Figure 7. Clustered sites of phosphorylation. A selection of multiple-phosphorylated peptides is presented. Phosphorylation sites indicated in red had a minimum fractional occupancy of >0.1. Predicted kinase substrate sites were identified using PhosphoMotif Finder86. GRK (G protein-coupled receptor kinase), GSK3 (glycogen synthase kinase 3), CK2 (casein kinase 2), PKC (protein kinase C), PKA (protein kinase A), CDK2 (cyclin-dependent kinase 2), CK1 (casein kinase 1). CK2* indicates that phosphorylation at this site requires prior phosphorylation of a proximal priming site.
Figure S1. Protein change during the seven developmental time
points. Related to Figure 1. Box and whisker plot demonstrating the fold
change of the proteins relative to their adjacent stage. Outliers were
determined by 0DWODE¶V default Box plot algorithms and are marked by the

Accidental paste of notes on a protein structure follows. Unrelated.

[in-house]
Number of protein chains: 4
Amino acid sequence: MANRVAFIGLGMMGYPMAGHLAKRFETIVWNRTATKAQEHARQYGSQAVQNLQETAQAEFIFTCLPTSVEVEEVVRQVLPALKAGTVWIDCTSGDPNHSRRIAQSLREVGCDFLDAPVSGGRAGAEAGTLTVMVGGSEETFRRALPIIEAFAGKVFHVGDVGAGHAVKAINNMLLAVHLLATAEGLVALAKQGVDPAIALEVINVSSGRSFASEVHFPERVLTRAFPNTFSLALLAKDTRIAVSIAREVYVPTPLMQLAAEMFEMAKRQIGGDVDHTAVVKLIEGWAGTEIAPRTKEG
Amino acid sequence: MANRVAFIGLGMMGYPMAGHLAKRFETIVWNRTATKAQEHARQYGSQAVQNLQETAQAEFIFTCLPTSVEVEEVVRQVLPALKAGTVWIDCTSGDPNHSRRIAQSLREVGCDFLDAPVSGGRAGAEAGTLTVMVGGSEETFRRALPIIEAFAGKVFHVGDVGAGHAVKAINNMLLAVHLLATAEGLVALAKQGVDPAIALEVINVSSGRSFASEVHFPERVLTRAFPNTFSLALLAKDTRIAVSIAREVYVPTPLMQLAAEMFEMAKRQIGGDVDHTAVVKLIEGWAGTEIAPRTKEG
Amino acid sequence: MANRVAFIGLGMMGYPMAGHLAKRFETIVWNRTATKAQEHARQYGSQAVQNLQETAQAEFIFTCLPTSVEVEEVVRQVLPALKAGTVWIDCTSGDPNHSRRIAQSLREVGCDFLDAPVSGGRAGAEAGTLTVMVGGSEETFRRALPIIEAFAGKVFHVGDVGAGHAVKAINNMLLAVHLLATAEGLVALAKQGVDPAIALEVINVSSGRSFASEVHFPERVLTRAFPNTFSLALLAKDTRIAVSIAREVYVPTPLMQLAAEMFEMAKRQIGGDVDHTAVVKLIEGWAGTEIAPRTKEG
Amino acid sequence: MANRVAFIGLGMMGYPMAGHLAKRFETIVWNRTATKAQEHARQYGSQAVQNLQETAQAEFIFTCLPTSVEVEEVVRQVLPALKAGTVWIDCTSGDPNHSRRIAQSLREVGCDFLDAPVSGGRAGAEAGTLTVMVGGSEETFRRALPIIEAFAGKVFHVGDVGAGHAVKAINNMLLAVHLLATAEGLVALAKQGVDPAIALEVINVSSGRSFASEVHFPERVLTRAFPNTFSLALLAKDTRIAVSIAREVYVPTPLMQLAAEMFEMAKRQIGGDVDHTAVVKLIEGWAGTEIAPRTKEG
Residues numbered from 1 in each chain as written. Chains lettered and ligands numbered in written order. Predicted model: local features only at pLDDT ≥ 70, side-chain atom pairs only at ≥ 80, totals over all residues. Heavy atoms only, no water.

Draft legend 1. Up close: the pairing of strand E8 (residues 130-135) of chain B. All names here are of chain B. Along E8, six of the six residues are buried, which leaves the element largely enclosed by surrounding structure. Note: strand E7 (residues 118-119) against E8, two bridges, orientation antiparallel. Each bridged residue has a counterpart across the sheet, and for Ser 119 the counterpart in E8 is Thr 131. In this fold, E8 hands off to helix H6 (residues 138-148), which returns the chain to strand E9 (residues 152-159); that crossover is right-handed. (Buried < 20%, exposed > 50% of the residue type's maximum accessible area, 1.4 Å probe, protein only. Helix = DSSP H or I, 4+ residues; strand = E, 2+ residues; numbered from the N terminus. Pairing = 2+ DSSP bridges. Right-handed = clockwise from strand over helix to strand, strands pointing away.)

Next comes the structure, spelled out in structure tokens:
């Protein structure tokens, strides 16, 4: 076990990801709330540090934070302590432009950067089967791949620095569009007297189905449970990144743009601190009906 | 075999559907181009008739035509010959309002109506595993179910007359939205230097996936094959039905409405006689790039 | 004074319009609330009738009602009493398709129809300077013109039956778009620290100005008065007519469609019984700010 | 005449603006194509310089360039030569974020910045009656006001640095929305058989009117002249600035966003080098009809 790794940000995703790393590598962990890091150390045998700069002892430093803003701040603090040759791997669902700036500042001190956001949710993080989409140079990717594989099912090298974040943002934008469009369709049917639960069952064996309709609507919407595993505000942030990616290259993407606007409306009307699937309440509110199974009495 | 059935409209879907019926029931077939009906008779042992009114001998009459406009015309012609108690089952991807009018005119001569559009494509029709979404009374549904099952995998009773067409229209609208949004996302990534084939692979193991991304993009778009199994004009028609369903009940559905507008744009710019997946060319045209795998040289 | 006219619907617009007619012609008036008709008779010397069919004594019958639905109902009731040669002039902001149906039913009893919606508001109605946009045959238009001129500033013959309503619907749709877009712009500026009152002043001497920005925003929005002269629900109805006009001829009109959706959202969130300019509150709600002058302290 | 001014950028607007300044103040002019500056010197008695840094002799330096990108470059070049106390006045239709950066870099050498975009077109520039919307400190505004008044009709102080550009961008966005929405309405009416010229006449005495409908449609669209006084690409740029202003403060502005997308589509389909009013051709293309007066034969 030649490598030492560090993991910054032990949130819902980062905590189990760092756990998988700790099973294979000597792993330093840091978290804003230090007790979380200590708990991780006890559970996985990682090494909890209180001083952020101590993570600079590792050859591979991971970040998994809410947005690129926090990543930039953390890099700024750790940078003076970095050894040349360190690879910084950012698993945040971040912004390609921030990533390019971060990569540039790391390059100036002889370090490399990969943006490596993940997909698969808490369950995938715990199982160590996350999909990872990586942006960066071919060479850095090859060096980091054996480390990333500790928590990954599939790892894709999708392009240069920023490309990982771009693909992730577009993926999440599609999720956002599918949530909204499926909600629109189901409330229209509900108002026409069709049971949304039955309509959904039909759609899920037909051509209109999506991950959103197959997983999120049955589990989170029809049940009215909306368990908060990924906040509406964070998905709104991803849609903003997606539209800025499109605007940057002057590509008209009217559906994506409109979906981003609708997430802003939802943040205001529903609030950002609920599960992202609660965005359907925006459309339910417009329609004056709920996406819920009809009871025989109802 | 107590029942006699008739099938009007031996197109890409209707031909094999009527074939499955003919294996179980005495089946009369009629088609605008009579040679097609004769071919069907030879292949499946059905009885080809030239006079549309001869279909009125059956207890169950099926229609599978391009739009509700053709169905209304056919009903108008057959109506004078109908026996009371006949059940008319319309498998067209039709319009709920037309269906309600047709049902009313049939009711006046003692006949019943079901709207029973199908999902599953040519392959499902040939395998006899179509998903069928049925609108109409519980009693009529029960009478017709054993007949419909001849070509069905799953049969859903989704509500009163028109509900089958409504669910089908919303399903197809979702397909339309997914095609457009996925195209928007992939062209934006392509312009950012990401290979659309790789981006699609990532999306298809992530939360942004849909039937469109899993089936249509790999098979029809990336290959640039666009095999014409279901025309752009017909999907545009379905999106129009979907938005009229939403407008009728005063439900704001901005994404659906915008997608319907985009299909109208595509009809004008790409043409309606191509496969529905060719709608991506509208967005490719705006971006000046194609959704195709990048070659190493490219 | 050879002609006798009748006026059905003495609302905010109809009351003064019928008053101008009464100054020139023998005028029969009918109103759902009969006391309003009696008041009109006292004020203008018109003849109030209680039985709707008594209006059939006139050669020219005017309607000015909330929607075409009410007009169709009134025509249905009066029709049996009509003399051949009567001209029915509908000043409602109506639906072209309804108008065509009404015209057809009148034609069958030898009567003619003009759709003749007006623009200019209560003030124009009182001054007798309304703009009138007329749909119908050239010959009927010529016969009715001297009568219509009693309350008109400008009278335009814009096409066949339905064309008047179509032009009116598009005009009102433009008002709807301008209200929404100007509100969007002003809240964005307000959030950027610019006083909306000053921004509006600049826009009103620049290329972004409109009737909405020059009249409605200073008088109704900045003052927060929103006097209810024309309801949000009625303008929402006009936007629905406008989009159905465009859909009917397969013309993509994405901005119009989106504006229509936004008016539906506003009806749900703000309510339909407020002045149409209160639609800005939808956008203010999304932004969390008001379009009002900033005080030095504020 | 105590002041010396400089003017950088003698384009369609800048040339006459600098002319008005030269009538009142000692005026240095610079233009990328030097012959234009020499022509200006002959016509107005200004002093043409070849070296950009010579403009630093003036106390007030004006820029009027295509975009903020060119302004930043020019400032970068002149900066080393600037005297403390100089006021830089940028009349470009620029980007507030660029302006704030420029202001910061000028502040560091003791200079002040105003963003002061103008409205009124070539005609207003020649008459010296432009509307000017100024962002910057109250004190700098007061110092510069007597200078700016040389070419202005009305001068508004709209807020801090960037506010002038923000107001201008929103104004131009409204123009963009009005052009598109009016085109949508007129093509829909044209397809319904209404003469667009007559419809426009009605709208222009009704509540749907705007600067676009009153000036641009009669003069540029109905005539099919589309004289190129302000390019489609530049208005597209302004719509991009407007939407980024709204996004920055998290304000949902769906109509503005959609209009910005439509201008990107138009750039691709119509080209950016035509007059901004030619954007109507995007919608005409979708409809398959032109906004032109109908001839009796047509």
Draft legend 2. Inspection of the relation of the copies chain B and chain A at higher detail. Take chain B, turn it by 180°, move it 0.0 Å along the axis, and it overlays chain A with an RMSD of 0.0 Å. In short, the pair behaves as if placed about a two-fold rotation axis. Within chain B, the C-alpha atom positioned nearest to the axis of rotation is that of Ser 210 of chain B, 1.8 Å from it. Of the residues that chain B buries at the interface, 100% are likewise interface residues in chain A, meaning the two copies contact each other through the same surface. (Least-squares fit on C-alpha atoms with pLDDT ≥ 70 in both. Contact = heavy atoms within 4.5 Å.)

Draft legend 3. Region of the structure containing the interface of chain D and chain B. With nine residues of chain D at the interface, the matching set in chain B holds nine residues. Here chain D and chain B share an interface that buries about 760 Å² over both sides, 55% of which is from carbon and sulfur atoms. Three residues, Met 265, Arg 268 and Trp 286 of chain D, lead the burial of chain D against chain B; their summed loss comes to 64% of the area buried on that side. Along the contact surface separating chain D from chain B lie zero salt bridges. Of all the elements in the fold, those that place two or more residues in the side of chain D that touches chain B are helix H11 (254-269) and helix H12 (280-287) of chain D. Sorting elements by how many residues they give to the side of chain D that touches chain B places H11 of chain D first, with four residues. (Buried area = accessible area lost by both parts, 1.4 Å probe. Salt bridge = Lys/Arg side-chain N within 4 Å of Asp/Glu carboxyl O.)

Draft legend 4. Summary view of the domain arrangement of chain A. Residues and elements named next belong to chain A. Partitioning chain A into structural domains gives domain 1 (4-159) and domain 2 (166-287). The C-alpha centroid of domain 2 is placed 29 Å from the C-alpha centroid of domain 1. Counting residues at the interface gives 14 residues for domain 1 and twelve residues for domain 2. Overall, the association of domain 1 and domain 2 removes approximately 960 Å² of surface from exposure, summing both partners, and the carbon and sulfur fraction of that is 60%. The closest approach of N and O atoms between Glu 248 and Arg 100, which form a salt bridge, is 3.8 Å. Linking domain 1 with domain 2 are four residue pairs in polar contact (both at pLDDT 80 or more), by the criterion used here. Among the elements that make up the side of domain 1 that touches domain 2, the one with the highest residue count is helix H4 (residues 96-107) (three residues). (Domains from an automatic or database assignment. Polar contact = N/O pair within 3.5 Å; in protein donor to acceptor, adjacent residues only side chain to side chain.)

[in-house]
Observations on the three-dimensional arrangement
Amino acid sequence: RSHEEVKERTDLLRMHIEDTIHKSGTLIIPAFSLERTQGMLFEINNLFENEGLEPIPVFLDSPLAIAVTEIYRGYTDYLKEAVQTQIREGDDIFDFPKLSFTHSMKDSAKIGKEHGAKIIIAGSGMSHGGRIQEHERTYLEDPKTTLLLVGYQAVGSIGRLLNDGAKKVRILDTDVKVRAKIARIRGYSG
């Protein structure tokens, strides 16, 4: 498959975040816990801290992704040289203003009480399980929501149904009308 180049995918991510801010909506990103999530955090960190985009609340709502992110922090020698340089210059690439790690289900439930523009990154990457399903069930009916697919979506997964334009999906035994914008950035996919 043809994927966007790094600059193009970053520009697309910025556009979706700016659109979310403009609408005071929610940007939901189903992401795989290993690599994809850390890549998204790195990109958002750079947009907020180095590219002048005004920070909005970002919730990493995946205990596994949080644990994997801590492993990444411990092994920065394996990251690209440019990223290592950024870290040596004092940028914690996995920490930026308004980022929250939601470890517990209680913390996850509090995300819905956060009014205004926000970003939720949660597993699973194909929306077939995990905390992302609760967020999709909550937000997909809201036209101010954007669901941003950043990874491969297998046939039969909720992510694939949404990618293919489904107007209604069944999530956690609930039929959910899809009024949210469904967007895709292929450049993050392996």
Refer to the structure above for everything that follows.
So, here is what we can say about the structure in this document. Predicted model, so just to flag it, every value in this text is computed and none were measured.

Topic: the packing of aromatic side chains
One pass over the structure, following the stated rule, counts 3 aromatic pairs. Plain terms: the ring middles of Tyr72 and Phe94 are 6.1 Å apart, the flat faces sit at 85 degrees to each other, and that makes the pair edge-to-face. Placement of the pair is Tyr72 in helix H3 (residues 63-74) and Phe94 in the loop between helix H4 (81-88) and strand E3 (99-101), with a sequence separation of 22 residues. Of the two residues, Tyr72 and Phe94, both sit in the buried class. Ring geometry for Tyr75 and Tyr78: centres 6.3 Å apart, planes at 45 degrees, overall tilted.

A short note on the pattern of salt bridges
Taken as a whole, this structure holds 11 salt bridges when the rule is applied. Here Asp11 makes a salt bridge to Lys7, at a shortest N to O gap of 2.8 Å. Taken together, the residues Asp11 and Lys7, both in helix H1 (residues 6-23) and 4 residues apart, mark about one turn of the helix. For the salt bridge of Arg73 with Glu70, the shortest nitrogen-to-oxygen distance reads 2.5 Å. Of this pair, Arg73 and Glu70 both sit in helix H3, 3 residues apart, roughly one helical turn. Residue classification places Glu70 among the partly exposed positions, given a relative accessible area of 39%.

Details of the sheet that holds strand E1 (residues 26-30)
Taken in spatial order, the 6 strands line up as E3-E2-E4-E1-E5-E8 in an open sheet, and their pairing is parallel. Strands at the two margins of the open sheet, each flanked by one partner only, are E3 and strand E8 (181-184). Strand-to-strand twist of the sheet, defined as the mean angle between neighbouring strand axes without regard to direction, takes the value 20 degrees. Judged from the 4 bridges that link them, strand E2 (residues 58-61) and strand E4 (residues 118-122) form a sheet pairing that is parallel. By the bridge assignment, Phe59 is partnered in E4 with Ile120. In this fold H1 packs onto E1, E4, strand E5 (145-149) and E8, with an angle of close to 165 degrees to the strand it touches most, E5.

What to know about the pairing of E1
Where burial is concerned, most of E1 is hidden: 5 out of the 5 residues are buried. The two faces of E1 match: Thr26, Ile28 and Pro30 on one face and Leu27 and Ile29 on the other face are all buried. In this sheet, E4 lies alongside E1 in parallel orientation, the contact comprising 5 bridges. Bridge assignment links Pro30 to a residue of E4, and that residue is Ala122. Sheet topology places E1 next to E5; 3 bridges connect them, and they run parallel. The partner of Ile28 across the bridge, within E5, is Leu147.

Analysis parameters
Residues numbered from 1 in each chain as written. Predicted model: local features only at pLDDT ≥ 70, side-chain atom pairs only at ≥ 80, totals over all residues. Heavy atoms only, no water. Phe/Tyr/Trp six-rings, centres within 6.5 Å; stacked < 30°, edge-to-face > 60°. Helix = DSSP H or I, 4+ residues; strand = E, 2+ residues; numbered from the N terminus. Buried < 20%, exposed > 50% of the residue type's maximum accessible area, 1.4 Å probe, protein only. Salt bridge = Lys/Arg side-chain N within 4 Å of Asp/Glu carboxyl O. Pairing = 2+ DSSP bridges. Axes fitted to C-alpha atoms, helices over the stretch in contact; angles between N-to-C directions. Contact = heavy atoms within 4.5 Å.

µ+¶One outlier at 11.92 fold change was removed for the Stage VI / 45
Figure S2. Unpacked galaxy plot of the development. Related to Figure
3. Each of the individual time points shown in relation to protein change.
Figure 3 is a combination of the six galaxy plots overlaid in the manuscript.
The grey background for each panel is of the other time points. The turquois
blue describes the expression of the titled time point protein vs.
Figure S3. Heat map of all phosphorylation
site changes. Related to Figure 4. (A) Full heat
map of all phosphorylation sites corrected for
their protein level. Figure 4 only includes the top
60% of phosphorylation site variance. Protein
mean is determined based on the normalized
signal intensity of all the proteins in the sample
for the respective time point
Figure S3. Heat map of all phosphorylation
site changes. Related to Figure 4. &RKHQ¶V'
Analysis of individual phosphorylation sites
between time points, A delta greater than or equal to 0.25 is considered
Figure S4. Kinase consensus sequence profiles. Related to Figure 6. All
kinase sequences and their respective amino acid sequence are presented
here. Figure 6 shows cluster 4 and 20.
Figure S4 Continued.
Amanchy, A curated compendium of phosphorylation motifs. 2007, Pubmed